Top colleges: Which school is the best bang for your buck?

Top colleges lists are usually long on the typical Ivy League suspects. But a new ranking that takes into account price over prestige has identified a new top college located in the Boston suburbs. 

Mel Evans/AP/File
A person walks at Princeton University in Princeton, N.J., Dec. 9, 2013. Research shows that between 10 and 20 percent of high school graduates who have been accepted into a college don't make it there in the fall.

Typically, the list of best places to get a college degree is long on the usual Ivy League suspects.

But in a new ranking that takes into account price over prestige, the editors of Money magazine have identified a new top schoolBabson College, in the Boston suburbs.

"We wanted to look at your return on investment, so we looked at three things—educational quality, affordability and career outcomes," saidMoney senior writer Donna Rosato.

"The strength of Babson is it's very focused," she said. "The freshman class starts a business and they all work together, so it's hands-on experience."

Money's editors found that Babson alumni earn an average annual salary of $59,700 within five years of graduation, an outcome critical to the school's top ranking.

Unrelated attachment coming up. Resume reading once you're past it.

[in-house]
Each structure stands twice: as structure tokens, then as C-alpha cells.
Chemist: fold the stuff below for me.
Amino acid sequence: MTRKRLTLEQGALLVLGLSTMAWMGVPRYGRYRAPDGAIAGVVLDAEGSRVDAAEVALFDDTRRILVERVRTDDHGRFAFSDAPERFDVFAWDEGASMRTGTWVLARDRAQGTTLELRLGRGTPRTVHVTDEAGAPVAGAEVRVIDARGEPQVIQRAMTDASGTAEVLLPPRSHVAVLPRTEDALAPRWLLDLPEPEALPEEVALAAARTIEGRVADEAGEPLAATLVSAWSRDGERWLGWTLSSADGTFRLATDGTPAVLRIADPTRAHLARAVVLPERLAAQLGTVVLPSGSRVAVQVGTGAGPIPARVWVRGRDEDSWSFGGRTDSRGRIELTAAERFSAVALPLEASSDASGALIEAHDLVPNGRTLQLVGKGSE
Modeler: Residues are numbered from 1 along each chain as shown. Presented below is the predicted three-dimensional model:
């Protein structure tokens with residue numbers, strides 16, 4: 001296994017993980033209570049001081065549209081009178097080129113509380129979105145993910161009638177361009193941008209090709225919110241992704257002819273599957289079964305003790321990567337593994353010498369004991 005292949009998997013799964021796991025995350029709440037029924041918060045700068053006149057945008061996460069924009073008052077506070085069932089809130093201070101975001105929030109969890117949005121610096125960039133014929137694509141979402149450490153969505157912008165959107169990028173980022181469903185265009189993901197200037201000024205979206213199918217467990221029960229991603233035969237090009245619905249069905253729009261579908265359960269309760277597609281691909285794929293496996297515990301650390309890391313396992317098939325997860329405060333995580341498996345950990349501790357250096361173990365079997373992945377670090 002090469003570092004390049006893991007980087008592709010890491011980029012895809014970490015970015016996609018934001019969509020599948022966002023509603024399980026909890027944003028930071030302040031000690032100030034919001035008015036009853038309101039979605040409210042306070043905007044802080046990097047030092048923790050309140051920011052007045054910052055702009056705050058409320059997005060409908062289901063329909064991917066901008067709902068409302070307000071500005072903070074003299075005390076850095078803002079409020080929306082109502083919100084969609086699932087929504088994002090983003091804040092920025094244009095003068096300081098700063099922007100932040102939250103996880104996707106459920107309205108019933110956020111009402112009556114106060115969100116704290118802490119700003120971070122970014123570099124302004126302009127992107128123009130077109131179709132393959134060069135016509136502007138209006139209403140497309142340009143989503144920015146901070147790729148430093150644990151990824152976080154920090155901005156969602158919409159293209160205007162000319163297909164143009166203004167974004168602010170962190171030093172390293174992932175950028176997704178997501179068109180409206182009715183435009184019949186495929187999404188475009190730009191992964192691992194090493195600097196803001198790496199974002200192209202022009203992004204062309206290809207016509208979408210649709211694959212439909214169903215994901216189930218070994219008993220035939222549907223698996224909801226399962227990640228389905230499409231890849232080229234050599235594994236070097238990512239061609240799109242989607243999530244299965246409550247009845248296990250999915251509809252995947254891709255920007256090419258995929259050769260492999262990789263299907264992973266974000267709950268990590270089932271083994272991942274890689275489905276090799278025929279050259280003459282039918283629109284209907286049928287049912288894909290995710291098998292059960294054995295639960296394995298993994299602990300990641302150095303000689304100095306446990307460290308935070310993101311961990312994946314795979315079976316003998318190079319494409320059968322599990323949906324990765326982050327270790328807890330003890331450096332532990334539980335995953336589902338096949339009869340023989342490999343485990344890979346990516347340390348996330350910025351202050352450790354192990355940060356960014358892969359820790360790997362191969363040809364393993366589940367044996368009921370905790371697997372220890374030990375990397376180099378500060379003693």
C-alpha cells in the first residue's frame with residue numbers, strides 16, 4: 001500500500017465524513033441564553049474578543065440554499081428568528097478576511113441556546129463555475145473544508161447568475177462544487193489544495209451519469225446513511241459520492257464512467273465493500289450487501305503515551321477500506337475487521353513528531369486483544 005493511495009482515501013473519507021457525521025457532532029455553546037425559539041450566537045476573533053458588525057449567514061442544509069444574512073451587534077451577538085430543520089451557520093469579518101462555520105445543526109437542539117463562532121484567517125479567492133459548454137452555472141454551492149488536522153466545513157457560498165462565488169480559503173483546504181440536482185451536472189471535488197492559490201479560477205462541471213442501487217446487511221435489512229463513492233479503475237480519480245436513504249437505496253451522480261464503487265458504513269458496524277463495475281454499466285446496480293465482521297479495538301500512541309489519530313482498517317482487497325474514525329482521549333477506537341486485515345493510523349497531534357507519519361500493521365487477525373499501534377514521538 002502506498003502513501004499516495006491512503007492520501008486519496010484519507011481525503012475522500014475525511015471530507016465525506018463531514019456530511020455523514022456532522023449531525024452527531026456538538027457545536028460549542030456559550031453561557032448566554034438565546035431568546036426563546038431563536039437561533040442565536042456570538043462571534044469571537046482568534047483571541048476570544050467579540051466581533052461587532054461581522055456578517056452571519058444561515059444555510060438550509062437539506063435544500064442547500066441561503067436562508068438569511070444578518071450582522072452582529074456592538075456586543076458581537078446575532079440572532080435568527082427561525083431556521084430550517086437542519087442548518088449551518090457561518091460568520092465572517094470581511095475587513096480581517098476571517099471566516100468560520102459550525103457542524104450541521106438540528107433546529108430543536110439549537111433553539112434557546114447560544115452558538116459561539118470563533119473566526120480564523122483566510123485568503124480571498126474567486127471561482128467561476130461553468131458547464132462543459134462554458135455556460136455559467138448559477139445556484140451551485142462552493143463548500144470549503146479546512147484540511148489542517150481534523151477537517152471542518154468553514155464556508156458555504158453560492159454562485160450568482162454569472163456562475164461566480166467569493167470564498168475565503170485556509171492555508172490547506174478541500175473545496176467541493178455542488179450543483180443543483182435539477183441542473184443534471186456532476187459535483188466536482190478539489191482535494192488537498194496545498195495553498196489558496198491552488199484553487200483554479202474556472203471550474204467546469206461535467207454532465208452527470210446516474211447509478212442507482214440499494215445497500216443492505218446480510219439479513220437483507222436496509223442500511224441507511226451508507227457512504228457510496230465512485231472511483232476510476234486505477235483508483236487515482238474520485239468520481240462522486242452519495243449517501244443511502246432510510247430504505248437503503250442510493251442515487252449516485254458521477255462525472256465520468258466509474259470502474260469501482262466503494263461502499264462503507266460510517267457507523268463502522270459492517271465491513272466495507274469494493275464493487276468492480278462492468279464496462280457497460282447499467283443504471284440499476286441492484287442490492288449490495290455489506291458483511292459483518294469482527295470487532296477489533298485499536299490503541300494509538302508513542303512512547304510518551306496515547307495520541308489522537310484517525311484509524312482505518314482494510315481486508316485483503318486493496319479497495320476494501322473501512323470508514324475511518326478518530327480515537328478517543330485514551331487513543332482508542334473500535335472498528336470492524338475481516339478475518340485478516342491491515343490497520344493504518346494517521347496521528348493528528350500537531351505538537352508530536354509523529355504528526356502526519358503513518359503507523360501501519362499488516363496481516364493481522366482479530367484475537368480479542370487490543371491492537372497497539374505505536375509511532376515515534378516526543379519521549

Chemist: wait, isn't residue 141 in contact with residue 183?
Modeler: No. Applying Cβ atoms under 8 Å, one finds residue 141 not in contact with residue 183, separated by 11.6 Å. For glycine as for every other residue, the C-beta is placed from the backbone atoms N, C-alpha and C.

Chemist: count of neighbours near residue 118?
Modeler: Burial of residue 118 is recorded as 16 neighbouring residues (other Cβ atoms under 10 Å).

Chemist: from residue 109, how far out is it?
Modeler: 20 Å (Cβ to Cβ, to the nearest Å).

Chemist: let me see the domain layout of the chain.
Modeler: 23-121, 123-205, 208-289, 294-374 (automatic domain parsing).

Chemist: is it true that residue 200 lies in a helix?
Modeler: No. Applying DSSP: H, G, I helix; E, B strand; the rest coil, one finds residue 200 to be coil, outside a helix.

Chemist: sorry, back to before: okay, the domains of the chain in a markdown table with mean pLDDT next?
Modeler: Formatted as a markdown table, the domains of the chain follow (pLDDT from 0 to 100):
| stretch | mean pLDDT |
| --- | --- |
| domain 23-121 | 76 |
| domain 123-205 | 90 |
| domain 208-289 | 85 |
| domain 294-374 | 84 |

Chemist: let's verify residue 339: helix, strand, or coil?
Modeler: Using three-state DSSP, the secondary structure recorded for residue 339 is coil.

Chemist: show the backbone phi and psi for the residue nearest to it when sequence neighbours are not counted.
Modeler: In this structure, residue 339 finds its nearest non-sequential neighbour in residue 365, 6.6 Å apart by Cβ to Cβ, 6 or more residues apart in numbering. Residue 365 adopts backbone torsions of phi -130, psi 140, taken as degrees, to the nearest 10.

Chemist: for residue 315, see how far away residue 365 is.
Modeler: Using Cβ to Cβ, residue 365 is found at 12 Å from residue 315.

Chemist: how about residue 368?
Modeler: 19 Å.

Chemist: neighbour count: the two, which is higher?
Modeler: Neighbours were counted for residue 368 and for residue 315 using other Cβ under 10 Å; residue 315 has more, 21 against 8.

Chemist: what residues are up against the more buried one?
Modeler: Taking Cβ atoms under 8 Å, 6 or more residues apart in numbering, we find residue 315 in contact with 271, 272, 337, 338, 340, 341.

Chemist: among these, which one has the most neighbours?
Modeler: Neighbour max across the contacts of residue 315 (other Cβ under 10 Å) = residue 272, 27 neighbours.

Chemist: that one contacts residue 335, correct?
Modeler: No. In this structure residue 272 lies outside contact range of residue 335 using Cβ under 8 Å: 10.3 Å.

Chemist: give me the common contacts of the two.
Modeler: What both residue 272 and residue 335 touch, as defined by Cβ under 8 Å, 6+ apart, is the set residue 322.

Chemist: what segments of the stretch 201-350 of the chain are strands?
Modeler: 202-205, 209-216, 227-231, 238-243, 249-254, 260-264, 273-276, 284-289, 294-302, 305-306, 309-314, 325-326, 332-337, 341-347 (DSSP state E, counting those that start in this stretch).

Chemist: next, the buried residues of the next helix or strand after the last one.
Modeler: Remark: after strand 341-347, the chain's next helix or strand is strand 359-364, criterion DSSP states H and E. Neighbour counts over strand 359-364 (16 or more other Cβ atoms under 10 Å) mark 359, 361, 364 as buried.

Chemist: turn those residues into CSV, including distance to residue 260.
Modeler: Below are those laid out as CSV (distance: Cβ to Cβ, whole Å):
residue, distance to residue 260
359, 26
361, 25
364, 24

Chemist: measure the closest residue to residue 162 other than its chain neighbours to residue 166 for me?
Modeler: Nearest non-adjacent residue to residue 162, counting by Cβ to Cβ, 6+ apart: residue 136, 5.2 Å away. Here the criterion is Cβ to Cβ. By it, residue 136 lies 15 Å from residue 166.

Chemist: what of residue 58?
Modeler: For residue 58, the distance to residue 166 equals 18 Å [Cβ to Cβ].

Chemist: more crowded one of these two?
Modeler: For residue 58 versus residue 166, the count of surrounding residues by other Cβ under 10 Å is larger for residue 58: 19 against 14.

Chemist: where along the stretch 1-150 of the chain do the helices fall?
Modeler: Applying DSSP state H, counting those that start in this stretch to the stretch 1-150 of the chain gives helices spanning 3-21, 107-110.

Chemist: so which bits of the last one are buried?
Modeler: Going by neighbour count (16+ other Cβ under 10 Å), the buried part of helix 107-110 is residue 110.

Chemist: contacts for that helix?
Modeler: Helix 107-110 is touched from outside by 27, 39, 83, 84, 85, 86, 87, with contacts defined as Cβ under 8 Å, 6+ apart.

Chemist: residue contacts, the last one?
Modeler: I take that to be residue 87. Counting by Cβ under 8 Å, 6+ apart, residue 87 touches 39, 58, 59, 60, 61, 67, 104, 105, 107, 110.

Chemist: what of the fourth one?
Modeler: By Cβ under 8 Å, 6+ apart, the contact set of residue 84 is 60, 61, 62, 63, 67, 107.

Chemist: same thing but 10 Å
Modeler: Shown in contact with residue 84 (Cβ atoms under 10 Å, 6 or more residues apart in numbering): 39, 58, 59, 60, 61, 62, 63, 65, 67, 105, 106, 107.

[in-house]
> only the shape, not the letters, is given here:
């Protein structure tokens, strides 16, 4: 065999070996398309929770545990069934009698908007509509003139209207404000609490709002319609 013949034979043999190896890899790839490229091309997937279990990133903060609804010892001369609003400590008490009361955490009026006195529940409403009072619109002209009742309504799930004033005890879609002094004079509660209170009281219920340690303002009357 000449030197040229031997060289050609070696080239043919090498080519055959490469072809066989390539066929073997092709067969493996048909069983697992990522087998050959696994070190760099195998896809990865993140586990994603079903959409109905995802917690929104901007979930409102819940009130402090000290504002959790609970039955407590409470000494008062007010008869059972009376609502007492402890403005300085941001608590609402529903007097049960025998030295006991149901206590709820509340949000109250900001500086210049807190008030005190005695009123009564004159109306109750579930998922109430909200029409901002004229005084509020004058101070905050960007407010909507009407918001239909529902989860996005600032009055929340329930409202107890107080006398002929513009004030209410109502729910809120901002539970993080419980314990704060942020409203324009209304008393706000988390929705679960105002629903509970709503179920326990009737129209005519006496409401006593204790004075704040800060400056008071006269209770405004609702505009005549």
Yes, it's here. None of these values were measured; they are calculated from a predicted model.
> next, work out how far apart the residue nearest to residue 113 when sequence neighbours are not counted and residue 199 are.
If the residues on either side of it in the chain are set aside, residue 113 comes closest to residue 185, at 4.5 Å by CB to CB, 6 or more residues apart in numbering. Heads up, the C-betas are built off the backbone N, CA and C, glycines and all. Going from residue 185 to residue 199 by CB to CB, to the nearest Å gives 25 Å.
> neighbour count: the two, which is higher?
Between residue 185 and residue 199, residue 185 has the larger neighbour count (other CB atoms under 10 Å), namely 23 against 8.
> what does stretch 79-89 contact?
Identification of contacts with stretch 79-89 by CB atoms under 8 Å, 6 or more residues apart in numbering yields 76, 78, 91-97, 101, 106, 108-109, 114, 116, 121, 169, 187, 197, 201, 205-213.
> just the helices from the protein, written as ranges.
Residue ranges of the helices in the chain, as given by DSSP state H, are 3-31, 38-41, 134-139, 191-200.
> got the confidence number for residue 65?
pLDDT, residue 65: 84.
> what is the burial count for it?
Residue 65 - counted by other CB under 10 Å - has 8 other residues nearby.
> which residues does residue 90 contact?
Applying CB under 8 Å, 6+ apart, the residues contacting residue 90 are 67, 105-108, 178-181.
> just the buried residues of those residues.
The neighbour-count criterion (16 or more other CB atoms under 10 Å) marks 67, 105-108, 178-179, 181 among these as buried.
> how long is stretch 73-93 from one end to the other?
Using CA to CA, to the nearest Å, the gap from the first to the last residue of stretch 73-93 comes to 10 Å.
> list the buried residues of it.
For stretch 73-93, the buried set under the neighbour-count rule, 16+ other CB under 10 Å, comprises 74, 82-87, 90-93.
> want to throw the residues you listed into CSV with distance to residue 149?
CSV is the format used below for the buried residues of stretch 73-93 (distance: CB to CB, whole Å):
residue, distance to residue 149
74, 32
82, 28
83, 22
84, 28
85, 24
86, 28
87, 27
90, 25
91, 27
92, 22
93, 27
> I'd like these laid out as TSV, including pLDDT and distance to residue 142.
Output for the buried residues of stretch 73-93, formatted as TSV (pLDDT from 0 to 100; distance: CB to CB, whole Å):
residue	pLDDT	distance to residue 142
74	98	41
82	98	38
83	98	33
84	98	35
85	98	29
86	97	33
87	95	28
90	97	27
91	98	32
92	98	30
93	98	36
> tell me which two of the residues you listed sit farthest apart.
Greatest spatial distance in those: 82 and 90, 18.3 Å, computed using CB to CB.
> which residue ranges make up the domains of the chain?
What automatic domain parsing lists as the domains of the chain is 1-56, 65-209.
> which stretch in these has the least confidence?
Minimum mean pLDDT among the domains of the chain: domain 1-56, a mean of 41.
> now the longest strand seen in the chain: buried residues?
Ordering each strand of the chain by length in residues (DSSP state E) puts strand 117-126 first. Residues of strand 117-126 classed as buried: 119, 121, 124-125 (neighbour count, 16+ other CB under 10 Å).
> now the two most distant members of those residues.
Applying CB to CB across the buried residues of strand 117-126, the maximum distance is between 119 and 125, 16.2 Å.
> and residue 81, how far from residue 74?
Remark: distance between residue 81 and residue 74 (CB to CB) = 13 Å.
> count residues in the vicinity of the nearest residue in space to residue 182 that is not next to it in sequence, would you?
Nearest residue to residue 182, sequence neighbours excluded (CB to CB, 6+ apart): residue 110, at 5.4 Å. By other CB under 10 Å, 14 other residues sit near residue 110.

Babson administrators and professors "have very close relationships with corporations, paid internships and a high success rate of getting their students jobs after college," said Rosato, who advises families to add the career services office to their campus tour.

With just more than 2,000 students, Babson specializes in business and entrepreneurship. There is one major offered—a bachelor of science in business—but course work covers a range of liberal arts subjects. The net price of a four-year degree costs Babson students $198,917.

The average four-year price tag of in-state public colleges ranges from $70,000 to $130,000, according to Money analysis. For private institutions, that average rises to $120,000 to $250,000.

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